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County officials admit success dealing with prison realignment

County officials are reluctantly touting successes realized via the prison realignment system imposed by federal judges and designed to alleviate severe overcrowding at state prisons by re-directing some inmates to county jails.

“Nobody wanted this, nobody asked for this, but then unlike a lot of counties, when it was passed, we realized this was the law, and we had to make this work,” San Diego Sheriff Bill Gore told County News Service yesterday (September 24).

As realignment took effect last year, jails quickly filled to capacity and the County began a hiring push for probation officers, along with implementing a “Community Transition Center” where those released from prison early into San Diego County are evaluated and a case plan for future prison avoidance is developed.

“Realignment is an extremely complex change,” says district attorney Bonnie Dumanis, who remains skeptical about the plan. “The bad news is prisoner realignment continues to be a threat to public safety, but the good news is during the past two years, we have all partnered and collaborated well here in San Diego.”

Since realignment began in October 2011, local jail populations have expanded by 27 percent. County officials are exploring the possibility of sending inmates to alternative custody programs such as state-run fire camps.

Further compounding challenges, an estimated 19 percent of inmates released fail to establish permanent residency and join the ranks of San Diego’s homeless, greatly increasing the likelihood that they’ll return to jail or prison for a potentially minor infraction.

Although crime rates spiked in San Diego in 2012, the first full year since realignment and early release programs were implemented, the overall numbers were comparable to the nation as a whole and indicative largely of trends during a slumping economy, rather than as a direct reflection of the Supreme Court ruling that led to California’s policy shift.

“It’s too early to tell if realignment is having an effect on the crime rate,” says Gore.

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“Anger, fear, aggression. The dark side are they.”

County officials are reluctantly touting successes realized via the prison realignment system imposed by federal judges and designed to alleviate severe overcrowding at state prisons by re-directing some inmates to county jails.

“Nobody wanted this, nobody asked for this, but then unlike a lot of counties, when it was passed, we realized this was the law, and we had to make this work,” San Diego Sheriff Bill Gore told County News Service yesterday (September 24).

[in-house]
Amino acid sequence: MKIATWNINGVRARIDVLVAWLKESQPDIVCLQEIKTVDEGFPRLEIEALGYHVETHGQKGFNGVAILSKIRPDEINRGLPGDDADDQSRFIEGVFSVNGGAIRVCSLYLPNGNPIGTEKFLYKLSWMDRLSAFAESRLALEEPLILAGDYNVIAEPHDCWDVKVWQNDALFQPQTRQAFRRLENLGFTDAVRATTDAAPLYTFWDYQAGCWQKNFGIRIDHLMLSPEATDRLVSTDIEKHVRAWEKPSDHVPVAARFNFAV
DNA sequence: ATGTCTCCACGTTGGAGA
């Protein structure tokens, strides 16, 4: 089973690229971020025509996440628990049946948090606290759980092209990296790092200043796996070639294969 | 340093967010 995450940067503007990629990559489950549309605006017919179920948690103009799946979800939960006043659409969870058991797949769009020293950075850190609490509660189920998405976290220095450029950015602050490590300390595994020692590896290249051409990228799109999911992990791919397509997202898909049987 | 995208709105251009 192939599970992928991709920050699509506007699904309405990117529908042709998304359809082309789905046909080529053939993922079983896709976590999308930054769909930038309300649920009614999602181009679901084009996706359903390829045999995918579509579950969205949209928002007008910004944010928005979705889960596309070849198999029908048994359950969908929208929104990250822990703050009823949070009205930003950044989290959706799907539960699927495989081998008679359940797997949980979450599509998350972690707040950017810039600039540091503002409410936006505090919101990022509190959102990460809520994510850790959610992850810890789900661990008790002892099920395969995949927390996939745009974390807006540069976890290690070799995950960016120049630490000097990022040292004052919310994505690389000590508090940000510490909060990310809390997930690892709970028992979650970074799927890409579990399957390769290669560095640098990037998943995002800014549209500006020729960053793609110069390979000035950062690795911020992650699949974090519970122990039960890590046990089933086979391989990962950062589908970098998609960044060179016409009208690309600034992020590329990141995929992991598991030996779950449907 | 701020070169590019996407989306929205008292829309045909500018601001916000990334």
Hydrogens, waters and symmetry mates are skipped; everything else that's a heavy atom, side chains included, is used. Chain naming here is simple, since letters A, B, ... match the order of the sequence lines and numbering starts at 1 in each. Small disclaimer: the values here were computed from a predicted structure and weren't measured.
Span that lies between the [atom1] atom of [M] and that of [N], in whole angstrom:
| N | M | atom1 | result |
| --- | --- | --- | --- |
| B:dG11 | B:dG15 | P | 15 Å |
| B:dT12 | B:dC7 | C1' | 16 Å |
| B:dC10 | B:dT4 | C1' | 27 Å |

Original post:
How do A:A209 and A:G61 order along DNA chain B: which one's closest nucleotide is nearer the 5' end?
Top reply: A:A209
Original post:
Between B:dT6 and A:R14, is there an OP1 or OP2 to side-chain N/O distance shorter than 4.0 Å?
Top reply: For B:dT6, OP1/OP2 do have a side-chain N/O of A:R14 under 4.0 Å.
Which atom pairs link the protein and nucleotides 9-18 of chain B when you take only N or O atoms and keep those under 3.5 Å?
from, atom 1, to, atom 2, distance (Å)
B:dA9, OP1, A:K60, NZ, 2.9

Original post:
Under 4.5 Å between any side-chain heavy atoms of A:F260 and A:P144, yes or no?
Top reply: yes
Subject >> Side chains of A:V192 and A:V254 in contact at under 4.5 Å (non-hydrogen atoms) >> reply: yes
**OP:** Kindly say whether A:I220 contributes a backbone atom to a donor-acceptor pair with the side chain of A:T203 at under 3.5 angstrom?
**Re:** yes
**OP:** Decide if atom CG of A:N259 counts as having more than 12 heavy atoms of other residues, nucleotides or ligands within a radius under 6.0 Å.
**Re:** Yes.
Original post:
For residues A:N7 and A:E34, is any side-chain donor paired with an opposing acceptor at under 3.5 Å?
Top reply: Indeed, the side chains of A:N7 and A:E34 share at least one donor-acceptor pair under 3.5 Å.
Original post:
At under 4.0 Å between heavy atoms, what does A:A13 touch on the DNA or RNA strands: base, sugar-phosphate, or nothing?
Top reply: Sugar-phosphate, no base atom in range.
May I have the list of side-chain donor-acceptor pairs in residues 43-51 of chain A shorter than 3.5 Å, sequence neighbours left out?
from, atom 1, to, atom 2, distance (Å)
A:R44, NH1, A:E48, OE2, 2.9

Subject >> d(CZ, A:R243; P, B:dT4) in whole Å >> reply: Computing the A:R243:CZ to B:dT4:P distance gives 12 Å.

As realignment took effect last year, jails quickly filled to capacity and the County began a hiring push for probation officers, along with implementing a “Community Transition Center” where those released from prison early into San Diego County are evaluated and a case plan for future prison avoidance is developed.

“Realignment is an extremely complex change,” says district attorney Bonnie Dumanis, who remains skeptical about the plan. “The bad news is prisoner realignment continues to be a threat to public safety, but the good news is during the past two years, we have all partnered and collaborated well here in San Diego.”

Since realignment began in October 2011, local jail populations have expanded by 27 percent. County officials are exploring the possibility of sending inmates to alternative custody programs such as state-run fire camps.

Further compounding challenges, an estimated 19 percent of inmates released fail to establish permanent residency and join the ranks of San Diego’s homeless, greatly increasing the likelihood that they’ll return to jail or prison for a potentially minor infraction.

Although crime rates spiked in San Diego in 2012, the first full year since realignment and early release programs were implemented, the overall numbers were comparable to the nation as a whole and indicative largely of trends during a slumping economy, rather than as a direct reflection of the Supreme Court ruling that led to California’s policy shift.

“It’s too early to tell if realignment is having an effect on the crime rate,” says Gore.

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